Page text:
Weight Still Top Risk Factor for Knee Arthritis, Pain

by Wayne Kuznar

Other factors include female gender, previous knee injury, age, and presence of hand OA.

Familiar risk factors for knee osteoarthritis (OA) in individuals 50 years and older — high body mass index (BMI), previous knee injury, age, female sex, and the presence of hand OA — were confirmed as the condition’s top drivers in a new systematic review and meta-analysis with an updated evidence base.

One-fourth of cases of onset of knee pain could be attributable to being either overweight or obese, according to Victoria Silverwood and colleagues at the Arthritis Research UK Primary Care Centre at Keele University in Staffordshire, England.

The finding emphasizes “the continued importance of weight loss as a management option for OA,” they wrote in Osteoarthritis and Cartilage. “Our calculated PAF [population attributable fraction] values demonstrate that 24.6% of cases of onset of knee pain could be attributed to being either overweight or obese.”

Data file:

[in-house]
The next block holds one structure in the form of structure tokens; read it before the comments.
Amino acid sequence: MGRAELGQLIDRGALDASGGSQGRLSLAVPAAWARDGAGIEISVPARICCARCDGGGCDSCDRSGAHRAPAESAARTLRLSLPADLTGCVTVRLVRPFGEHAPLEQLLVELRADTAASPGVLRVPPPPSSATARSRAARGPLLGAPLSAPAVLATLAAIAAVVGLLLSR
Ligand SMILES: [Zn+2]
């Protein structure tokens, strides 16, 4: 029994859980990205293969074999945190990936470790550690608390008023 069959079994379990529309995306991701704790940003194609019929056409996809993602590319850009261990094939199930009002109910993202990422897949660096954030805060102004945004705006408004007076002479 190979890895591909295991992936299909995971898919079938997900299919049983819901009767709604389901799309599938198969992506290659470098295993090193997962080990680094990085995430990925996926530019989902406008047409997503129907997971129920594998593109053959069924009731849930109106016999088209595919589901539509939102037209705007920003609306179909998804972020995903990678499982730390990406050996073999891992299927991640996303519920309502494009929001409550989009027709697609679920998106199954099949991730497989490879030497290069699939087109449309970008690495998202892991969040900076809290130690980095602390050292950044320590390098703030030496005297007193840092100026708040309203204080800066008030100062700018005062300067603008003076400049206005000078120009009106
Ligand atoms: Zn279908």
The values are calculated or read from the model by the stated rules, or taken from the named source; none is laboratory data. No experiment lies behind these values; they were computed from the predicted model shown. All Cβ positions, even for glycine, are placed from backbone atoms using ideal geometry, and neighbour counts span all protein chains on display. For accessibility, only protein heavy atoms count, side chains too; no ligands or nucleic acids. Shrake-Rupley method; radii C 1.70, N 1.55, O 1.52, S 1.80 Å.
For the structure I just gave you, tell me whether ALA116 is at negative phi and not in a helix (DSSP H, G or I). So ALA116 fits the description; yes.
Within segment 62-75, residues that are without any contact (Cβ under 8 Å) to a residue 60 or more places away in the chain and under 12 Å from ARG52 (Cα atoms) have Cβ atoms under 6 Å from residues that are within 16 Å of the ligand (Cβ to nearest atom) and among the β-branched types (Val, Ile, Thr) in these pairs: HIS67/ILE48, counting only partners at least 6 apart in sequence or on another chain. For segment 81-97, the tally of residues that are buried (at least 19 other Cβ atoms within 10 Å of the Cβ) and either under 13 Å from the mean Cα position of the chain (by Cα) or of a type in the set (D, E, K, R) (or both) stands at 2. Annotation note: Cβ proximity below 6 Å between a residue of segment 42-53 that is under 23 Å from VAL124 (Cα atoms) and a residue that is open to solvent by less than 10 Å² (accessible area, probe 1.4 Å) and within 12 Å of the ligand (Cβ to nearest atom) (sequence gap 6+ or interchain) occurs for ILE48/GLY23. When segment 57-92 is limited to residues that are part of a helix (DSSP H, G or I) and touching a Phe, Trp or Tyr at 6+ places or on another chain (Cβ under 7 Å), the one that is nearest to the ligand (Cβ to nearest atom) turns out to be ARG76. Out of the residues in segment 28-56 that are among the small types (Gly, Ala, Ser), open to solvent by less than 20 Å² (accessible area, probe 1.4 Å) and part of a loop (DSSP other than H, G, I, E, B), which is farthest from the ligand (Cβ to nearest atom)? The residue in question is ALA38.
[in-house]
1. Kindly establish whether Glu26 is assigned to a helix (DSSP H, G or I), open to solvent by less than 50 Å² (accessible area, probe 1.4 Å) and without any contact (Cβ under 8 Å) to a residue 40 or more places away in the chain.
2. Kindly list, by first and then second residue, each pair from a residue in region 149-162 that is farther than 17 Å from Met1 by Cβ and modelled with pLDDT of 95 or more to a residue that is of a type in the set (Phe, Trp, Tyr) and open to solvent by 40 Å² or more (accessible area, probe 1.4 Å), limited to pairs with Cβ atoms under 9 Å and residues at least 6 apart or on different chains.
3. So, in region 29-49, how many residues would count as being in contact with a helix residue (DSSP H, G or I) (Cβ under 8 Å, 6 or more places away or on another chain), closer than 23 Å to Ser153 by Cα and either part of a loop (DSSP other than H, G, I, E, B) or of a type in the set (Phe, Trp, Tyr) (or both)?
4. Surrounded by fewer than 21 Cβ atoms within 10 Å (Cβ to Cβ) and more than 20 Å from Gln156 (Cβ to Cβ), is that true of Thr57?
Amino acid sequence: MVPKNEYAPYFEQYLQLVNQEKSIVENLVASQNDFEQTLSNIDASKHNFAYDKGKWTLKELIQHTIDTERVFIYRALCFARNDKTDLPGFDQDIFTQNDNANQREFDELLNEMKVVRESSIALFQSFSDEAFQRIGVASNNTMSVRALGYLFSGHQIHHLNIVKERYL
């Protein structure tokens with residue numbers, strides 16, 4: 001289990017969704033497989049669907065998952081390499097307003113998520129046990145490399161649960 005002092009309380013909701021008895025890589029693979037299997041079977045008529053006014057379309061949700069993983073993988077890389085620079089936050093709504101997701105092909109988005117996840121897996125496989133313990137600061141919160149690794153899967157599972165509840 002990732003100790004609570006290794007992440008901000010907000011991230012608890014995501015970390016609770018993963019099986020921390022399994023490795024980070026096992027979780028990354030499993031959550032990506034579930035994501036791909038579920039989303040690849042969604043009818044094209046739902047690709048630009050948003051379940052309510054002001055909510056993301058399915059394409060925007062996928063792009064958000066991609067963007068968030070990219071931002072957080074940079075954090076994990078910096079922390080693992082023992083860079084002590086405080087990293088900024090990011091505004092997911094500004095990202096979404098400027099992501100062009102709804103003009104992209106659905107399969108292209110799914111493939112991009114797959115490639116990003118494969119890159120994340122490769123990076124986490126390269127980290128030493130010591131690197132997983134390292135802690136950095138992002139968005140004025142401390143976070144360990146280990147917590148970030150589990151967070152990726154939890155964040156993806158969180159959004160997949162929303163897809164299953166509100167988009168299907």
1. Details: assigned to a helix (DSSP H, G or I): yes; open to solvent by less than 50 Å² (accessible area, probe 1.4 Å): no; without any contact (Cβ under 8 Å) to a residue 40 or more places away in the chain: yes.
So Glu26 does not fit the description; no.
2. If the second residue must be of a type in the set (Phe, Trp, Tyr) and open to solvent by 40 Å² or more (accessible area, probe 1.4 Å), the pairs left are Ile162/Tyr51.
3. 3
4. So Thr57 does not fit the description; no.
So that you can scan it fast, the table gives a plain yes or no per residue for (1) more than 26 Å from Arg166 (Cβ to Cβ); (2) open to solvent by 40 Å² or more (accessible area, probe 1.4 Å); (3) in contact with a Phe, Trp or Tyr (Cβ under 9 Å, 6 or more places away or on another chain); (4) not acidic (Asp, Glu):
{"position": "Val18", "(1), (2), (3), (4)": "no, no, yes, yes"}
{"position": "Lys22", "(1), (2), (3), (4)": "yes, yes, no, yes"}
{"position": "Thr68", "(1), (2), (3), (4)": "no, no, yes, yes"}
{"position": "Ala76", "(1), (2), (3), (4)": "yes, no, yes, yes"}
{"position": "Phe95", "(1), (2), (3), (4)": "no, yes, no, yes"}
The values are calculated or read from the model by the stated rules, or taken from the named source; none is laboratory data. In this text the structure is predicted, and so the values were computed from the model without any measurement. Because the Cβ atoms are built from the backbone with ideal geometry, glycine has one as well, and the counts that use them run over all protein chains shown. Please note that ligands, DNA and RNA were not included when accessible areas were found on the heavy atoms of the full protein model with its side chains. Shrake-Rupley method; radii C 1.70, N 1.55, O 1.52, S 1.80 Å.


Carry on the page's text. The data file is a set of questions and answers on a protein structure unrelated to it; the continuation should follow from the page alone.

Data from 46 published studies up to December 2012 were extracted for the systematic review to assess the association between potential risk factors and knee pain/knee OA in study cohorts with a mean age of 50 years and older. Thirty-four studies in which risk factors had consistent definitions across studies were included in the meta-analysis.



Josh Sandberg

Josh Sandberg is the President and CEO of Ortho Spine Partners and sits on several company and industry related Boards. He also is the Creator and Editor of OrthoSpineNews.

Related Articles

One Comment

  1. As the article revealed good information like Osteoarthritis is common in aged individuals, but there is a chance to get in 30’s due to heavy weight and obesity. Due to overweight, bone cartilage gets reduced, leads to joint pain.

Back to top button